Wednesday, 21 April 2010

The One That Thinks He's Playing The Long Game. . .

So perhaps Brown's 'I agree with Nick' mantra hasn't had quite the effect that he thought it would.

It would seem that in the (likely) event of a hung parliament that Clegg has no intention of doing business with Gordon. Assuming that is, that Clegg is telling the truth, never a given when you consider the big three.

Clegg has good reason to distance himself from Brown and Labour. He may be flying high in the polls at the moment, but you can be sure that support will melt away pretty smartish if the media continue to show graphics of the number of Tory seats expected on May 7th against those of Labour when combined with the Lib Dems. Few floating voters are going to vote Lib Dem if they think that vote is going to default to Labour.

So what is a poor Lib Dem boy to do? What is obvious is that the Lib Dems really want power, a prospect that I find slightly more scary than another five years of Labour, to be honest. Many Lib Dems would be bouncing around with anticipation at the idea of one of their's being Home Sec in a coalition, but it's not the same as actually having power. It's like being sat in the front of the car with your dad when he lets you change gear. You're sort of contributing, but your dad still has control of the throttle, brake, clutch and the steering. It's exciting for a little while, but you really want to drive.

In a coalition, the chances of Vince getting the keys to number 11 are slim to none. Blinky Balls bagsied that role a long time ago. Lib Dem Foreign Sec? Unlikely. Home Sec? That's a poisoned chalice, you can bet that Nick would be thrown that particular bone, and it would eventually cause him to choke.

Brown would make grand promises of involvement and electoral reform and this and that, but none of it would come to pass and the Lib Dems would be left looking rather silly and marginalised. When the coalition came apart at the seams (and it would) you can bet that the blame would be dumped squarely in front of the Lib Dem's door. Then there would be the inevitable scrapping between Labour's traditionalists and their Social Democrats, and the scrapping between the Lib Dem's Social Democrats and the traditional Liberals, oh Jeez that would be messy.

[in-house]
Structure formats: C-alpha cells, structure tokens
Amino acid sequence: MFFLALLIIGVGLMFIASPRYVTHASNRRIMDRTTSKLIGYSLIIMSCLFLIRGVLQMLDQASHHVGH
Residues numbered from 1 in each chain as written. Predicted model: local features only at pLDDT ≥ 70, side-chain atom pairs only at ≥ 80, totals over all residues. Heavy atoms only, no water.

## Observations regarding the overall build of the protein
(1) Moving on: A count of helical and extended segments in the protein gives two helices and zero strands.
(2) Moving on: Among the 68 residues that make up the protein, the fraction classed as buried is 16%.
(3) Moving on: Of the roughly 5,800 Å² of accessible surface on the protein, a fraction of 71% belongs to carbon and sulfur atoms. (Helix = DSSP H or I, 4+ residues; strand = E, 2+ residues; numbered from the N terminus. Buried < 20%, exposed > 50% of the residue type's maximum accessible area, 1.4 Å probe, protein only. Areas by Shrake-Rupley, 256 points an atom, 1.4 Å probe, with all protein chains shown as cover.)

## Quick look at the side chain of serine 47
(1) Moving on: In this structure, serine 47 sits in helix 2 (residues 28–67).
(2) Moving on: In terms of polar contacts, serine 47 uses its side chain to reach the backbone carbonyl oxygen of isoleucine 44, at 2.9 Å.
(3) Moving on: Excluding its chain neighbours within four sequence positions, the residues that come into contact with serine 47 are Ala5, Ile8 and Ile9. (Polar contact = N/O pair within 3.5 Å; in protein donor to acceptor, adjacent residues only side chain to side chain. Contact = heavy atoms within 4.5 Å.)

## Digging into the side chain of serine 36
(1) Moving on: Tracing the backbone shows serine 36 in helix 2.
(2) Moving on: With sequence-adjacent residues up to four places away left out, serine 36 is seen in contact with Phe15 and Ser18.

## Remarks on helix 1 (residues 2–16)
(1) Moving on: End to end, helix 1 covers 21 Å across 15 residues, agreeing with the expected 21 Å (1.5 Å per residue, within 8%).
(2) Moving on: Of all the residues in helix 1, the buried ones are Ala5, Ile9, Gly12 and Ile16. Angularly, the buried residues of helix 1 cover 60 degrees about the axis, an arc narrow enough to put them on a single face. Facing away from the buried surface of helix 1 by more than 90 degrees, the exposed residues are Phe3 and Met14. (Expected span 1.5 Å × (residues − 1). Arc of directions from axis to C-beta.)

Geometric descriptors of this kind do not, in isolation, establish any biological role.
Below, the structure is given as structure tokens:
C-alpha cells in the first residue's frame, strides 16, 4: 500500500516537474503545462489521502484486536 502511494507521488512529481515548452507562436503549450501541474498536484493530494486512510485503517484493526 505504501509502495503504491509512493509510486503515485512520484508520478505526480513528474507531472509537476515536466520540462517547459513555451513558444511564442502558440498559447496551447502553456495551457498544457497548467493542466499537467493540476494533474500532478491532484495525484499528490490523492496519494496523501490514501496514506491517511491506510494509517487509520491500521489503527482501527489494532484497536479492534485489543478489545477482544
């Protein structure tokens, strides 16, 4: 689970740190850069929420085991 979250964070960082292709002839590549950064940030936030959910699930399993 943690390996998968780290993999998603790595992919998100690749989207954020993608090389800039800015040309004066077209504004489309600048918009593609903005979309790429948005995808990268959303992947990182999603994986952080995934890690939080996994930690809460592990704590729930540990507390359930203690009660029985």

If Clegg went in to a coalition with Labour he'd be damaged beyond repair and the Lib Dems wouldn't be much better, endangering their chances of ever picking up a comparitive share of the percentage of the vote they seem to this time, again. The Lib Dems have now only really started to recover from the Jeremy Thorpe affair and a stint as a junior partner in a coalition could set them back another thirty years. Is it really worth five minutes in the sun for that?

This still remains a good election to lose, and I believe a hung parliament really is the best option for the country, and I say this honestly with the best interests of all three main parties in mind. It's best for Labour (if they finish 2nd) because they can then have the civil war that party desperately needs to decide what they are, and where they want to go. It's best for the Conservatives (if they finish 2nd) as they can then dispense with Cameron who simply cannot connect with the public and, if I read the situation right, is at best dischordant with the views of the party membership. It's best for the Lib Dems (if they stay out of any coalition) as they can then use this as a platform for the next election and not be damaged by a collapsing coalition, although their civil war is moving up the agenda as well.

The problem with both Labour and the Lib Dems is that they both have a large section of Social Democrats who are at odds with the rest of their respective parties. This could lead to some very interesting rows, bust-ups, power struggles and general arseing about in the next few years, and I wouldn't be surprised to see a party, like ooooooh, perhaps the SDP emerging from the wreckage of Labour and Lib Dem civil wars. There's also a high probability of a night of the long knives in the Tory party between the top table and the membership, I fully expect Boris to be at the helm before long.

I just get the impression that everyone is on their best behaviour, but struggling to keep it together, like an alcoholic parent at a school play. Win, lose or draw, the fall out from this election could prove to be spectacular, I'm looking forward to fireworks after the election more than I'm looking forward to polling day itself.

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